Federal Court Holds N.J. Statute Precludes Punitive Damages and “fraud” Exception is Preempted

July 31, 2018

A federal district court judge has precluded plaintiffs from seeking punitive damages at trial in a product liability case involving one of Novartis Pharmaceuticals Corporation’s cancer therapies.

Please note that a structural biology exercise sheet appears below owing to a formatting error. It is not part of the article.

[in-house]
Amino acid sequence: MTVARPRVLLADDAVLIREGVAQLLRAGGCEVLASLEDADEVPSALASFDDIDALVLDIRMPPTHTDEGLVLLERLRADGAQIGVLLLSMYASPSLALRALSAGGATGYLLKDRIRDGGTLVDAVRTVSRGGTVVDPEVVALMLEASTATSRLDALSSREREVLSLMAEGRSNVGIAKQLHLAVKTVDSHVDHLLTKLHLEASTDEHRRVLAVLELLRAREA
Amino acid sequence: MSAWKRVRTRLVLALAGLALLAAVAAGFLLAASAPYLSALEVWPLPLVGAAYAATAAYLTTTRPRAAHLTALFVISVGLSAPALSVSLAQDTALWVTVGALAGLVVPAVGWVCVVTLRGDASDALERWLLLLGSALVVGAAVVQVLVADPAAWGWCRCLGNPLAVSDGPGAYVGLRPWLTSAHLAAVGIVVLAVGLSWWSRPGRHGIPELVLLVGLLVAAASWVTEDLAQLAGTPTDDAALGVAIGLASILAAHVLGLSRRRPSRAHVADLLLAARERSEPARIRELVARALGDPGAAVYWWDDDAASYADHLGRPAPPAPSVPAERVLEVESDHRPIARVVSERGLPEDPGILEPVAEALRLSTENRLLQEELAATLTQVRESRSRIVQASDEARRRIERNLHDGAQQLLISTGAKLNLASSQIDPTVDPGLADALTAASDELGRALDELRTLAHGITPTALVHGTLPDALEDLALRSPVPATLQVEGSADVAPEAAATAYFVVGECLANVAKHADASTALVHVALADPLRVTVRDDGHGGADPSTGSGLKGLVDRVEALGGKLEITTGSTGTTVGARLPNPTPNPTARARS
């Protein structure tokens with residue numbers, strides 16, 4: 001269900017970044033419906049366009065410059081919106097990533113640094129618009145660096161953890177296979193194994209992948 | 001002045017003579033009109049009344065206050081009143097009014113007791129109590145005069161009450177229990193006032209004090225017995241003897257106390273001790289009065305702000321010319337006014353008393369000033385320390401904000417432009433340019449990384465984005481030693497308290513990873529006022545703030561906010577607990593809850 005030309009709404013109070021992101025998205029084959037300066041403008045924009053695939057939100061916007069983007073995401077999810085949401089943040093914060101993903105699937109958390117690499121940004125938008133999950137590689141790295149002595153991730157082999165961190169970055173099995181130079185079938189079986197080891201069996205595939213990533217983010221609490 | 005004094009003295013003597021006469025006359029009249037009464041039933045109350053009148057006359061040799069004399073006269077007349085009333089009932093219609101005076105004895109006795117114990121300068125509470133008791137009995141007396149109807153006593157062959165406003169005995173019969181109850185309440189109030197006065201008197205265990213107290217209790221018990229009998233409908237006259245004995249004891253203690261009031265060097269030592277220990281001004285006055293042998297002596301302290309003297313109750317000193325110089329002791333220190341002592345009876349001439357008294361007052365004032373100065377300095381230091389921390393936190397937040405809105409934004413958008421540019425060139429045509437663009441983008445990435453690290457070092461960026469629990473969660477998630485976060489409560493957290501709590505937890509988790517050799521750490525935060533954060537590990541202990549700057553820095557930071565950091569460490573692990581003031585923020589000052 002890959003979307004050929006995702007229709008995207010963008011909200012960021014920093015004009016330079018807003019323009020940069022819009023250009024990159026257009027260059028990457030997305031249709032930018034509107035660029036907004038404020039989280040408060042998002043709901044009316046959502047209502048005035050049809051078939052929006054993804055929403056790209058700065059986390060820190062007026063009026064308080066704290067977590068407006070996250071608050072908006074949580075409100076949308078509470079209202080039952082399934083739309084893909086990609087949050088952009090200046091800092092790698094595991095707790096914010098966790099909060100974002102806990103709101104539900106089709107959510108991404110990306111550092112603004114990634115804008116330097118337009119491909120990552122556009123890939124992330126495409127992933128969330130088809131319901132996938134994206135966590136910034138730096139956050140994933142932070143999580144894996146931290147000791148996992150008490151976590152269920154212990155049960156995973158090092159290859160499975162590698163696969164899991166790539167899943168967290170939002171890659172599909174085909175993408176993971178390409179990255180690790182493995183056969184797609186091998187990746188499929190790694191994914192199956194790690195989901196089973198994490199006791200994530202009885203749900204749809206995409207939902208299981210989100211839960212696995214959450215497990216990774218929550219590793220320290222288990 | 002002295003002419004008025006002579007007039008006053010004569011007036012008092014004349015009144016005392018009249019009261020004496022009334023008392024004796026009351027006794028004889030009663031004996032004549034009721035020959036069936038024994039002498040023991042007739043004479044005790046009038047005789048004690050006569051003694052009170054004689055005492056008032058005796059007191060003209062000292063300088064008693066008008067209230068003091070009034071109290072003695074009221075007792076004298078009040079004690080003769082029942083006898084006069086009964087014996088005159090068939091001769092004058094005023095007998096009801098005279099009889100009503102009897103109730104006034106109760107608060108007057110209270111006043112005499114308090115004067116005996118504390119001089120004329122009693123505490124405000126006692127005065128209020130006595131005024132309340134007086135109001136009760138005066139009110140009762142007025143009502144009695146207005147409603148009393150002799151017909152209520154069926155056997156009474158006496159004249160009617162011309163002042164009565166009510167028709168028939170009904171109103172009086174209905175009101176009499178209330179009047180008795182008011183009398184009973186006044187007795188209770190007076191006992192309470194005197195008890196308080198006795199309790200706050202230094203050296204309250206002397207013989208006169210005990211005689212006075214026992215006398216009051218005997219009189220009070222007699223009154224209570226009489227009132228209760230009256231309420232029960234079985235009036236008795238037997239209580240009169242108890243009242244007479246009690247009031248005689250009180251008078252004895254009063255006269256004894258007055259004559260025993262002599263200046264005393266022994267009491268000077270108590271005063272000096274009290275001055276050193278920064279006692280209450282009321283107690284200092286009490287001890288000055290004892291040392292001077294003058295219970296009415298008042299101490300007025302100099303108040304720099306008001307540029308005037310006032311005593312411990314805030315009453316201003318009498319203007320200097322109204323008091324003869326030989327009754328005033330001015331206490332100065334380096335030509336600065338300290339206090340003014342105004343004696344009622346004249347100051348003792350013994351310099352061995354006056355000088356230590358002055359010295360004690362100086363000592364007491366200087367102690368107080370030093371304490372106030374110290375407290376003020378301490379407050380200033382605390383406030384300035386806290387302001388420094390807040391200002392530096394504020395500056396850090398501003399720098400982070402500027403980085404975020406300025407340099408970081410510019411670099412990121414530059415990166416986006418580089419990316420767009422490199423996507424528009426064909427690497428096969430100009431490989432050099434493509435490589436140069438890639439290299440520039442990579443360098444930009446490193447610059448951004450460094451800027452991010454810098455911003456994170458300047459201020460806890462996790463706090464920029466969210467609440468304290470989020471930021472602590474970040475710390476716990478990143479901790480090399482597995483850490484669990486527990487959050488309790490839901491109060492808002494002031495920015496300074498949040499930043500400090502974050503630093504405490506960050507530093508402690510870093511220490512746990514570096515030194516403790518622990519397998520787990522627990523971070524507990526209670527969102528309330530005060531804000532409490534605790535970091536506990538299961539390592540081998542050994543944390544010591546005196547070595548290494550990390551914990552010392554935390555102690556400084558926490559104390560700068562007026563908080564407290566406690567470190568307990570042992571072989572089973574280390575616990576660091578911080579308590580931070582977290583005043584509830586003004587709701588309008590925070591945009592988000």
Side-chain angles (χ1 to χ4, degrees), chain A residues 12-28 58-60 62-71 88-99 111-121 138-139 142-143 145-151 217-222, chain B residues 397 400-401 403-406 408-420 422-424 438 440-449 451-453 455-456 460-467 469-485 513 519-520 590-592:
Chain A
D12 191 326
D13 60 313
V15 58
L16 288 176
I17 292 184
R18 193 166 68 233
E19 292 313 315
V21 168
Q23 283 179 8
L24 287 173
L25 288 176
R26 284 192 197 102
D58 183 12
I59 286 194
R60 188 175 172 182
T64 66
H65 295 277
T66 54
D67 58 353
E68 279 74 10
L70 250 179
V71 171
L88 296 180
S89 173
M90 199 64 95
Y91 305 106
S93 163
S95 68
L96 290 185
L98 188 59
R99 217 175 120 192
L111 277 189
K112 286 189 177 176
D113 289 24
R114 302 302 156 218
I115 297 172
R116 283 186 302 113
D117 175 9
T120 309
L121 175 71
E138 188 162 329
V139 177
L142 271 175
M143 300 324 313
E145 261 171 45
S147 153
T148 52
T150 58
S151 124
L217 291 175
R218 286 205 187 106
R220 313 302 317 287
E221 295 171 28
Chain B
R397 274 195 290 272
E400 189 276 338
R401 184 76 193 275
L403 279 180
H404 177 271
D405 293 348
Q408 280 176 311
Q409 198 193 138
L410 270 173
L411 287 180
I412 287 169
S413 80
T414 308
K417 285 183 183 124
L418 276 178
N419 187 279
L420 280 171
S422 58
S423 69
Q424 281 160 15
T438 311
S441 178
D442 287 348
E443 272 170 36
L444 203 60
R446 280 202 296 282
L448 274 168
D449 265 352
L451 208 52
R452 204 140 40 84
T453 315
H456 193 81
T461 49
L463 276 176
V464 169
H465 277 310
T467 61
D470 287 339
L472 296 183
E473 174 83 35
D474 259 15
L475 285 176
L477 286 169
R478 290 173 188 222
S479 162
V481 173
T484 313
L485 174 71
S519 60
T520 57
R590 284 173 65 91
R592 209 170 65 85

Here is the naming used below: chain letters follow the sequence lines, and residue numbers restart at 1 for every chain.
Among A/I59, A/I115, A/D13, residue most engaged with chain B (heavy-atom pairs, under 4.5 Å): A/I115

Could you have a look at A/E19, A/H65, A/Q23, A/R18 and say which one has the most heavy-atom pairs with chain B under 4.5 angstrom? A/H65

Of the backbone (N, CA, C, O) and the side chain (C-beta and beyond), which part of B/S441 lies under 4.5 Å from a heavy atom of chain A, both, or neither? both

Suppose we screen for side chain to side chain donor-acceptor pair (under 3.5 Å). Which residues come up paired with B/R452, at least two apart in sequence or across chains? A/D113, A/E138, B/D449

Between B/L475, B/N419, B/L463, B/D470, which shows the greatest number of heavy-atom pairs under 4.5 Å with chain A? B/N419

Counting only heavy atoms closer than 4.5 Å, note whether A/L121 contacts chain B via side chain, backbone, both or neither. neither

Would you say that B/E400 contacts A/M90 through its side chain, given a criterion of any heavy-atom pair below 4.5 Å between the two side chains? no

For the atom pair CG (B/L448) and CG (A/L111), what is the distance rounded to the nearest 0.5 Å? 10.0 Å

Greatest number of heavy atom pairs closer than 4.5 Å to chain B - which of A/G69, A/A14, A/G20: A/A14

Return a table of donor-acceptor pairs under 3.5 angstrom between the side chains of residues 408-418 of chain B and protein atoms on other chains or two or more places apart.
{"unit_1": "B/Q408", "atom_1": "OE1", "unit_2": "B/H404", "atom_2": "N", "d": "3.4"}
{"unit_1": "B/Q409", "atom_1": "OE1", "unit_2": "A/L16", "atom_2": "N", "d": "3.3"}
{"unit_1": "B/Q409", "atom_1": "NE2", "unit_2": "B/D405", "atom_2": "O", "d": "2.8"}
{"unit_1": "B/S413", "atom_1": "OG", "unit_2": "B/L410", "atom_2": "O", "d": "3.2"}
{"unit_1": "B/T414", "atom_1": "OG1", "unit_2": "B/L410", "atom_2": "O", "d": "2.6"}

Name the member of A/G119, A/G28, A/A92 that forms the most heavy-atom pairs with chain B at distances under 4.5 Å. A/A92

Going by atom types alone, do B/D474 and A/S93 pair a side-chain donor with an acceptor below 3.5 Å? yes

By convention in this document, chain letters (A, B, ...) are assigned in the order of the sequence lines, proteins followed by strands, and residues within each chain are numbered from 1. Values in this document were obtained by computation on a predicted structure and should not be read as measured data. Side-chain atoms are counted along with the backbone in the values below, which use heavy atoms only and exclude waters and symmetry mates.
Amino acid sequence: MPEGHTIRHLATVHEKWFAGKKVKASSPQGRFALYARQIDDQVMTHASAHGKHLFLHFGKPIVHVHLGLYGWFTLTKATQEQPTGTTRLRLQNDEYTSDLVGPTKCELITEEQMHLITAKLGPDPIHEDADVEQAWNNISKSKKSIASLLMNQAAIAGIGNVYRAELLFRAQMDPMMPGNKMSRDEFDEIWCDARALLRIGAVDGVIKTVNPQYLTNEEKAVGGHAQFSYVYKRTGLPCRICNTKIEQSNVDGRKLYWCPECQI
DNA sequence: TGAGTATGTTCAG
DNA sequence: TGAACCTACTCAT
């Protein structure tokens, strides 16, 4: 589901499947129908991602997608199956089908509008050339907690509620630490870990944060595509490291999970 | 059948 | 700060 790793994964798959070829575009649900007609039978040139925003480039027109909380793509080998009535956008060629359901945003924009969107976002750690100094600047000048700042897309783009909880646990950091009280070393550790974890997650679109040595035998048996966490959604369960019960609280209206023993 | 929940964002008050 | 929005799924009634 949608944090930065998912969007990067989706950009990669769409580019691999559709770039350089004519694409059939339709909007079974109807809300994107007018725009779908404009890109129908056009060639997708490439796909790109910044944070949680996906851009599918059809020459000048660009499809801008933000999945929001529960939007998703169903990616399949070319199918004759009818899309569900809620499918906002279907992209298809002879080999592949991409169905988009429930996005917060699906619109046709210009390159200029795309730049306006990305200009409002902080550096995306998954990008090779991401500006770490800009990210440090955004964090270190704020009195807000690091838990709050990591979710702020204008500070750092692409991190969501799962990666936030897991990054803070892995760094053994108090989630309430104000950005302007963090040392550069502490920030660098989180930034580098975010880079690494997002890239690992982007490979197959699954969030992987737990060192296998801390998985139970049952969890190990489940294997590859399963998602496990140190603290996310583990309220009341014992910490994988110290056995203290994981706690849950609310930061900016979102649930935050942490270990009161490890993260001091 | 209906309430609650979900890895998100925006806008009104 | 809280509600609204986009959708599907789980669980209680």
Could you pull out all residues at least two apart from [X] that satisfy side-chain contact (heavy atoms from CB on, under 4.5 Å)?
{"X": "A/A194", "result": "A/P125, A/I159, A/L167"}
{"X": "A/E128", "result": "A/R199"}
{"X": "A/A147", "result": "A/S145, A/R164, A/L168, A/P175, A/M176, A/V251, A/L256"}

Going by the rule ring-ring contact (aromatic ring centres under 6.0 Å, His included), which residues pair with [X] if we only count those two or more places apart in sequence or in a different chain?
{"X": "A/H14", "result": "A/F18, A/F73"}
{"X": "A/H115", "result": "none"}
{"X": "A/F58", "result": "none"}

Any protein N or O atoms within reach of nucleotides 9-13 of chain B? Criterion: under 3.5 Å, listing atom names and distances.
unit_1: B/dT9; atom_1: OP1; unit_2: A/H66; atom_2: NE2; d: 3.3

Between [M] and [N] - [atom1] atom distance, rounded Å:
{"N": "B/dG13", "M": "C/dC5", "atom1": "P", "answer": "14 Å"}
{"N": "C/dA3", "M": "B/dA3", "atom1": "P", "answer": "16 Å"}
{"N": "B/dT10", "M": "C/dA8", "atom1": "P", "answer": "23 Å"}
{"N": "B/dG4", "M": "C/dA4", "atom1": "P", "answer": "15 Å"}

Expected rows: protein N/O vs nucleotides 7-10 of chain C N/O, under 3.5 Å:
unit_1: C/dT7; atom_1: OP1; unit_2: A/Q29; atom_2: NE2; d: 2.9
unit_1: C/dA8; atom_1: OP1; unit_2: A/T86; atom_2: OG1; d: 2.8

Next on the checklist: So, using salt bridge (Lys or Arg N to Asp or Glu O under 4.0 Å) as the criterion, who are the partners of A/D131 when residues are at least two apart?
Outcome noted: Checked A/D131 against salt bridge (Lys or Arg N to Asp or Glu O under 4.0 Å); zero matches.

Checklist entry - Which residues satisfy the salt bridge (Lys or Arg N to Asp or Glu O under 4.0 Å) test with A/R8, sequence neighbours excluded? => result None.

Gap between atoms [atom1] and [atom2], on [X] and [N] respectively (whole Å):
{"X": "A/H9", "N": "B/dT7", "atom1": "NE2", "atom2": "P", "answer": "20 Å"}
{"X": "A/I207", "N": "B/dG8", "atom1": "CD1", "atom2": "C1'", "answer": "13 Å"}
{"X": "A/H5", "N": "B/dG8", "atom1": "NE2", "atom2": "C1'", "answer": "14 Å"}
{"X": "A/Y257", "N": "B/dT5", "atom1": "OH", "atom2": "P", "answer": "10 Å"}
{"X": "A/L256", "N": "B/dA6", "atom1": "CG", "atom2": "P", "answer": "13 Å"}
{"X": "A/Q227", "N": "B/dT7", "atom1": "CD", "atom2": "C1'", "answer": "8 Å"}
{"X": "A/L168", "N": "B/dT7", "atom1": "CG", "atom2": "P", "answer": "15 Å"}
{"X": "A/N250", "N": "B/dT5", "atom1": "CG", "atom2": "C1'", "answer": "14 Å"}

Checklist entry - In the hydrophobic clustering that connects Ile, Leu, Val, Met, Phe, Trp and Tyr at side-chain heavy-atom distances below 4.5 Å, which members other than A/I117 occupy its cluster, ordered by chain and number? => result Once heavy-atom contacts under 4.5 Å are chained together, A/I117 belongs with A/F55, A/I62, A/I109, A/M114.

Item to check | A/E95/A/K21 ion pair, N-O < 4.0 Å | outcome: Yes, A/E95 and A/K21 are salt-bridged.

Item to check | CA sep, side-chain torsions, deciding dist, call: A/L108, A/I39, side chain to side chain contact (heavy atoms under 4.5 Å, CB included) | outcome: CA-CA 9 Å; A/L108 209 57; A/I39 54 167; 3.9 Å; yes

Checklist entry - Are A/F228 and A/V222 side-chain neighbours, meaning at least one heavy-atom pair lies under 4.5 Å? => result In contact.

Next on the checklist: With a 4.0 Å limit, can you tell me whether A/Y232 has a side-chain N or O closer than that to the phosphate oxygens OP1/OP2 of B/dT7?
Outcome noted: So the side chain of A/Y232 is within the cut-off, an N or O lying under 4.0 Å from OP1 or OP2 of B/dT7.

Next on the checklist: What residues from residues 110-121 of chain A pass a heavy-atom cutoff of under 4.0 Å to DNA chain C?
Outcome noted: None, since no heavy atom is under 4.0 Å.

On July 31, 2018, Judge Robin L. Rosenberg of the United States District Court for the Southern District of Florida issued an order holding that the “knowingly withheld or misrepresented information required to be submitted under the agency’s regulations” exception to New Jersey Statute Ann. 2A:58C-5c, which generally precludes punitive damages in cases involving FDA-approved products, was preempted by Buckman Co. v. Plaintiffs’ Legal Comm., 531 U.S. 341 (2001).  McWilliams v. Novartis AG, et al., No. 2:17-cv-14302-RLR (July 31, 2018). The order was issued on plaintiffs’ motion for reconsideration of an earlier order barring punitive damages on the ground that New Jersey law applied to the issue of punitive damages (rather than Florida law).  McWilliams v. Novartis AG, et al., No. 2:17-cv-14302-RLR, slip op. (July 9, 2018).  In that order, the court found that plaintiffs had failed to raise the “knowingly withheld or misrepresented” exception to the New Jersey statue in opposition.  On reconsideration, the court granted plaintiffs’ request that their footnote addressing the exception be considered by the Court, but held that the exception was preempted under case law finding claims of fraud on the FDA to be preempted under federal law.  The court reaffirmed its prior ruling that punitive damages are unavailable at trial.